The great cutting heads of the Crossrail tunnel-boring machines were engines of the future drilling into the past. The whole railway project entailed a crawl back into history as archaeologists worked hand in hand with engineers, preserving – as far as possible – the ancient treasures they discovered along the way. One of the most striking finds, relics of which are now on display at the Museum of London Docklands, was a batch of skeletons, unearthed near Liverpool Street Station, in which the bacteria responsible for the Great Plague of 1665 were identified for the first time. Past and present are never truly separable.

Lucy Hughes-Hallett’s ambitious first novel ends in 1665 in the aftermath of that plague, and it, too, dances between past and present, history and modernity. Like those skeletons buried for centuries beneath Bishopsgate, it is rooted in the ground. The eponymous “peculiar ground” is Wychwood, a great house in Oxfordshire, a place where the wealthy can build walls around themselves to keep out ugliness, poverty, political change. Or at least that is what they believe they can do; it doesn’t spoil the intricacies of this novel to say that, in the end, they will not succeed.

It is a timely idea. No doubt Hughes-Hallett was working on her novel long before a certain presidential candidate announced that he would build a great wall, but this present-day undiplomatic reality can never be far from the reader’s mind, and nor will the questions of Britain’s connection to or breakage with our European neighbours. Hughes-Hallett’s last book, a biography of Gabriele d’Annunzio, “the John the Baptist of fascism”, won a slew of awards when it was published four years ago and demonstrated the author’s skill in weaving together the forces of culture and politics.

Peculiar Ground does not confine itself to a single wall. Like Tom Stoppard’s classic play Arcadia, it sets up a communication between centuries in the grounds at Wychwood. In the 17th century, John Norris is a landscape-maker, transforming natural countryside into artifice on behalf of the Earl of Woldingham, who has returned home from the depredations of the English Civil War. In the 20th century a new cast of characters inhabits Wychwood, but there are powerful resonances of the past in this place, not least because those who look after the estate – foresters, gardeners, overseers – appear to be essentially the same people. It is a kind of manifestation of what has been called the Stone Tape theory, after a 1972 television play by Nigel Kneale in which places carry an ineradicable echo of their history, causing ghostly lives to manifest themselves through the years.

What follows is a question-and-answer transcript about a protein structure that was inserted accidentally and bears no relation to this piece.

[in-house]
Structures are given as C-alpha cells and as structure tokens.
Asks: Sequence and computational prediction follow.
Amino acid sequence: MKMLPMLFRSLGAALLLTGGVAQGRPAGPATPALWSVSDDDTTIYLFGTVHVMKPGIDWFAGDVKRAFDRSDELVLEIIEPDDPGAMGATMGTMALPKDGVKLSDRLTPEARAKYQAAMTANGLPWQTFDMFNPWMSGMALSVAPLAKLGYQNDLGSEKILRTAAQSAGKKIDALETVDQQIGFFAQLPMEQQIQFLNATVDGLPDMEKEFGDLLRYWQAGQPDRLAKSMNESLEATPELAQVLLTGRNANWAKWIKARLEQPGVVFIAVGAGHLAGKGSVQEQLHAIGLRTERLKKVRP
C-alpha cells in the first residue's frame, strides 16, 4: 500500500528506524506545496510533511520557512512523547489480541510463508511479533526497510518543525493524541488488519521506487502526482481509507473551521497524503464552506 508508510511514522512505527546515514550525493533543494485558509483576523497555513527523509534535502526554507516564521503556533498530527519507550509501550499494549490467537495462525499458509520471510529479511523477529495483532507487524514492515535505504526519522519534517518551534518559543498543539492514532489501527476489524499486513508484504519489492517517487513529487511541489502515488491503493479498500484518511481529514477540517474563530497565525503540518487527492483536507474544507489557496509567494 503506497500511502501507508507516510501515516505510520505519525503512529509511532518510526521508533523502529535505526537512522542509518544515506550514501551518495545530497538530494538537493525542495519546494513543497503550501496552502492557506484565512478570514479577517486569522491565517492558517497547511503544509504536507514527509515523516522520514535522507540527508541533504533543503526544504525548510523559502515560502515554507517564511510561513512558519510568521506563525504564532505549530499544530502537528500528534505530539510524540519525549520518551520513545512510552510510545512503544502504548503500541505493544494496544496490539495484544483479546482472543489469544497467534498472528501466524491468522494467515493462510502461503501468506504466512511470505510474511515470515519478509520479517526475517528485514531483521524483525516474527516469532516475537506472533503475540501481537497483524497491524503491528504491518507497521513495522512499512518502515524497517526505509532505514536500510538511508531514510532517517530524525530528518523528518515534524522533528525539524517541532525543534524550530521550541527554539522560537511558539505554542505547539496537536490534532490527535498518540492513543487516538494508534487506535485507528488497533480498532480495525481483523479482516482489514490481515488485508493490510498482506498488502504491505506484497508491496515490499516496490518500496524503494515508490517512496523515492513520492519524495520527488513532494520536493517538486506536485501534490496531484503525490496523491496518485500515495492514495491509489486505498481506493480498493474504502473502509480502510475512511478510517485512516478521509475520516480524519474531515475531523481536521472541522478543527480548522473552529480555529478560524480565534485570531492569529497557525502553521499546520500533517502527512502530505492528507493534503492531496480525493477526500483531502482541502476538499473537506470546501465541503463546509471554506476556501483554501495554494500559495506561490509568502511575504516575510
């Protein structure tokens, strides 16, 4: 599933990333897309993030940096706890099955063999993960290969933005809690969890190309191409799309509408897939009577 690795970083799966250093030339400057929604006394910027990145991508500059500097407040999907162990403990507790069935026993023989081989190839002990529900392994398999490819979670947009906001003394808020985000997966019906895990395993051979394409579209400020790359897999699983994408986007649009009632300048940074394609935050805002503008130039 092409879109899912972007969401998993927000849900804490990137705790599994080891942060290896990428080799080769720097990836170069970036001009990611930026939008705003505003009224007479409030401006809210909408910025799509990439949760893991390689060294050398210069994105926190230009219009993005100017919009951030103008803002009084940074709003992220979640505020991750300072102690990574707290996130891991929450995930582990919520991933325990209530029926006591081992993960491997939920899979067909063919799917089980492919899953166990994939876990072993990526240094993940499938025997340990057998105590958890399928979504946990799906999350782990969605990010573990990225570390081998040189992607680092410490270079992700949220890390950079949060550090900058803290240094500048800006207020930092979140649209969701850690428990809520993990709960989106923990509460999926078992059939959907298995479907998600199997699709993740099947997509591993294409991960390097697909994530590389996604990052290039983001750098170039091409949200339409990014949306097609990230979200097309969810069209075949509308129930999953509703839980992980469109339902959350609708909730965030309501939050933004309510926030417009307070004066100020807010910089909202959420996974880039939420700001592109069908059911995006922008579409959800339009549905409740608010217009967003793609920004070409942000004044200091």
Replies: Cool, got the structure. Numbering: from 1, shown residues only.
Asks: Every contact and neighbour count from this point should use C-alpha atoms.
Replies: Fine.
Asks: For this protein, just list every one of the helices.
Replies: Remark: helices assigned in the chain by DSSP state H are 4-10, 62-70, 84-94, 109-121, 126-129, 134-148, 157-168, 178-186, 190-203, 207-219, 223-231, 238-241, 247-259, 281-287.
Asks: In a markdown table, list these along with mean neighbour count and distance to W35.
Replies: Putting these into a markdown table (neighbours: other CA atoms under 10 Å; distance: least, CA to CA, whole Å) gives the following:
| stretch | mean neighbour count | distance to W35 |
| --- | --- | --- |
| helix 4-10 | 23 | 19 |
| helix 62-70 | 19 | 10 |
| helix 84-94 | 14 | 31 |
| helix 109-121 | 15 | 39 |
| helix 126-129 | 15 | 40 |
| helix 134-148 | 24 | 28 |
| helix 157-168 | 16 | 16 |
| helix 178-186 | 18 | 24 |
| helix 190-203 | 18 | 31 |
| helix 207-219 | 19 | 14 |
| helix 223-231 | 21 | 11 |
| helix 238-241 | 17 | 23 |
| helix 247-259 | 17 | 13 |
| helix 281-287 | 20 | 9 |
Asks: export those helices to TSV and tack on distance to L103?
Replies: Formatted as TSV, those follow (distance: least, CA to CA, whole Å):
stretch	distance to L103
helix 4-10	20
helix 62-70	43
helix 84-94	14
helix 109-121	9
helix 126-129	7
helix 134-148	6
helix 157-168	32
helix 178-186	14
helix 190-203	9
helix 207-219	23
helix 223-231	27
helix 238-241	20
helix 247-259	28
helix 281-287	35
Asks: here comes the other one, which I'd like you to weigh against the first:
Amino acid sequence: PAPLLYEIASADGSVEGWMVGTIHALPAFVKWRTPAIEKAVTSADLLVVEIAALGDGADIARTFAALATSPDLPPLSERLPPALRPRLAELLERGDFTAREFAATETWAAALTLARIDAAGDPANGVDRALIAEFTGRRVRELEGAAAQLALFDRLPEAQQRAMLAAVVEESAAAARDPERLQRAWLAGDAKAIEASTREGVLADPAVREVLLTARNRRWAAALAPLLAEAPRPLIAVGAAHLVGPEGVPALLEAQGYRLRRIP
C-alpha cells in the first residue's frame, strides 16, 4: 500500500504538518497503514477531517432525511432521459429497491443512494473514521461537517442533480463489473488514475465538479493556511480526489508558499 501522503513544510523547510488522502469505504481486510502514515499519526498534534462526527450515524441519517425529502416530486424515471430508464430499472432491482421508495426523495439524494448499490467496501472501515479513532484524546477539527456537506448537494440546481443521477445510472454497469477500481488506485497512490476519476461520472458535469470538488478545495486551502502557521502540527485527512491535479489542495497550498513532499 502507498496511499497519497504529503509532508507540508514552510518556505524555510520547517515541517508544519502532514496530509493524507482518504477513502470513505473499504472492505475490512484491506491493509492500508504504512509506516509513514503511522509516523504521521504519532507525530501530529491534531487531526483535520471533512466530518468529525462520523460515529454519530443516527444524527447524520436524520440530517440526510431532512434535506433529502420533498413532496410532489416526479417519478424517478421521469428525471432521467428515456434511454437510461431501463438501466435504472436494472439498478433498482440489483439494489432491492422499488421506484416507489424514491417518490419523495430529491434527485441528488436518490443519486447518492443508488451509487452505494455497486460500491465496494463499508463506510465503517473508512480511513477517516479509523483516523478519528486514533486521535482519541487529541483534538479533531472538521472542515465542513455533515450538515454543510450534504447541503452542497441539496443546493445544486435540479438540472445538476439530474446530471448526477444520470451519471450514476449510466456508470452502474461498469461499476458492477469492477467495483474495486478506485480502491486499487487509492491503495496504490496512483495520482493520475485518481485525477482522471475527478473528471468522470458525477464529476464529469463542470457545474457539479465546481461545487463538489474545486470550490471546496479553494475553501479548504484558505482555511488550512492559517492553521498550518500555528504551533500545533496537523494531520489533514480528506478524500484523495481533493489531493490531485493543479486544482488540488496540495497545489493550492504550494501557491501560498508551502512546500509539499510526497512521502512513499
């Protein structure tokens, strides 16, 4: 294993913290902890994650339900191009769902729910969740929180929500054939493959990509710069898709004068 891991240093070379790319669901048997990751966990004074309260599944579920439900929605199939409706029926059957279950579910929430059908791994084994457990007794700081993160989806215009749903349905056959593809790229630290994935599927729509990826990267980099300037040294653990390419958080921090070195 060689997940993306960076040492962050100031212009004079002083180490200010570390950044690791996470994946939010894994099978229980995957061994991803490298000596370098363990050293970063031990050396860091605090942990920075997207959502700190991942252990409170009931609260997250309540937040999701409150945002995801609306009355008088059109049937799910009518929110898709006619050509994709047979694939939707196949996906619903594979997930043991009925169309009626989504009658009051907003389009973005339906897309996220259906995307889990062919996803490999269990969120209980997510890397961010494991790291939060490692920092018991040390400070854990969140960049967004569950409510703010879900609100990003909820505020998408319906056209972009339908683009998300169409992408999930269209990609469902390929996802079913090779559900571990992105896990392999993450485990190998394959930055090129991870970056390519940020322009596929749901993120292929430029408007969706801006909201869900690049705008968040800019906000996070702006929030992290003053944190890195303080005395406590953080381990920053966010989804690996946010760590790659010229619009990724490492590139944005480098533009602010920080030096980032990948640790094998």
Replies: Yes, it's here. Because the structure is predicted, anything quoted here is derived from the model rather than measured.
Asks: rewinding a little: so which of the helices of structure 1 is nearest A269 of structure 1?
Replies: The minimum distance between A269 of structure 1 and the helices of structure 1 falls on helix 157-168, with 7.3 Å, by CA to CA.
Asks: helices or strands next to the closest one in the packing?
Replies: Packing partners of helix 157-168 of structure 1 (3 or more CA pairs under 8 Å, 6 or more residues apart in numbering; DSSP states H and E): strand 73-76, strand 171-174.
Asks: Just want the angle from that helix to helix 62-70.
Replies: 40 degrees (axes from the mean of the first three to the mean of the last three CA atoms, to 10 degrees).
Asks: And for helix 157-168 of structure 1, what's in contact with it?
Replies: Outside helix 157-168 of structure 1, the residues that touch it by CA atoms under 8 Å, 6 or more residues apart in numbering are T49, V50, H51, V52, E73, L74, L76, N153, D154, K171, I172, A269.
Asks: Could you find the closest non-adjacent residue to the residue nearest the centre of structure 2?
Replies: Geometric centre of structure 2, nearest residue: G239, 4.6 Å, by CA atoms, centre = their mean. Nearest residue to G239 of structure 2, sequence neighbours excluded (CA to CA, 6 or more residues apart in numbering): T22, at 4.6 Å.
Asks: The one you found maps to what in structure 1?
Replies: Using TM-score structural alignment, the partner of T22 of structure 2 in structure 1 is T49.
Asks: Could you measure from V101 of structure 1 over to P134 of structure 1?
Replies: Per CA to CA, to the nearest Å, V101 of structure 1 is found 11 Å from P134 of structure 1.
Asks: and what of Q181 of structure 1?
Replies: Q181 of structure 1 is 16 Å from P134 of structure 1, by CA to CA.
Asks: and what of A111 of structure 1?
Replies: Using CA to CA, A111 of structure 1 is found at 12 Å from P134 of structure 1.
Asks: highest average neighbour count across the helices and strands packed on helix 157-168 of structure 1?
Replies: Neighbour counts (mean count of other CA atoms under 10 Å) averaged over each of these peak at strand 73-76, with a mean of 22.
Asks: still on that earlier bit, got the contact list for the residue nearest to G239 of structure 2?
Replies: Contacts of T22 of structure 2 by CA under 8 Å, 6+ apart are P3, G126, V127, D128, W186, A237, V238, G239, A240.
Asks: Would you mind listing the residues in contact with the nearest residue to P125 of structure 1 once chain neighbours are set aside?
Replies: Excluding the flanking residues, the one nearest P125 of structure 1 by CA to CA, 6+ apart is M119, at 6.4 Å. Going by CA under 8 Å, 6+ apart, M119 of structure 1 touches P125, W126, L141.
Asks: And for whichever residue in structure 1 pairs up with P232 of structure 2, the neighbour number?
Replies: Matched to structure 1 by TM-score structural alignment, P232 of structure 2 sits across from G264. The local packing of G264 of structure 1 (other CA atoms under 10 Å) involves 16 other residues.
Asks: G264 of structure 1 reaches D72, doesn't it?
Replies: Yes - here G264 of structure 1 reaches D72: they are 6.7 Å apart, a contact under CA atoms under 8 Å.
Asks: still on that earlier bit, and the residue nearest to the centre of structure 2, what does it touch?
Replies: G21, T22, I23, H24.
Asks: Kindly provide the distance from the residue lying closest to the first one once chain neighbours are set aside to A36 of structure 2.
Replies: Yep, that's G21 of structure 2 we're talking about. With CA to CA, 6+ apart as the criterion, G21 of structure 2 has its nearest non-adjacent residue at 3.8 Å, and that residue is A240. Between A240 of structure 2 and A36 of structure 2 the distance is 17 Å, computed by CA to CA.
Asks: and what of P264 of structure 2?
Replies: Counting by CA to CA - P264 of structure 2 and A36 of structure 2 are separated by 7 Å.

But the new story in Peculiar Ground broadens, heading over to Germany as it is divided between East and West in 1961, and again as that division falls away in 1989. Characters’ lives cannot be divorced from their historical context. The English breakage of the civil war echoes through Europe’s fractures during the Cold War. The novel asks how much human actors shape history and how much is beyond their control.

At times these larger questions can overwhelm the narrative. As the book progresses we dance between a succession of many voices, and there are moments when their individual stories are less compelling than the political or historical situations that surround them. But perhaps that is the point. Nell, the daughter of the land agent who manages Wychwood in the 20th century, grows up to work in prison reform and ­observes those who live in confinement. “An enclosed community is toxic,” she says. “It festers. It stagnates. The wrong people thrive there. The sort of people who actually like being walled in.”

The inhabitants of this peculiar ground cannot see what is coming. The novel’s modern chapters end before the 21st century, but the future is foreshadowed in the person of Selim Malik, who finds himself hiding out at Wychwood in 1989 after he becomes involved in the publication of an unnamed author’s notorious book. “The story you’re all so worked up about is over,” he says to a journalist writing about the supposed end of the Cold War. “The story I’m part of is the one you need to think about.”

A little heavy handed, maybe – but we know Selim is right. No doubt, however, Wychwood will endure. The landscape of this novel – its grounds and waters and walls – is magically and movingly evoked, and remains in the imagination long after the reader passes beyond its gates. 

Erica Wagner’s “Chief Engineer: the Man Who Built the Brooklyn Bridge” is published by Bloomsbury

Erica Wagner is a New Statesman contributing writer and a judge of the 2014 Man Booker Prize. A former literary editor of the Times, her books include Ariel's Gift: Ted Hughes, Sylvia Plath and the Story of “Birthday Letters” and Seizure.

This article first appeared in the 25 May 2017 issue of the New Statesman, Why Islamic State targets Britain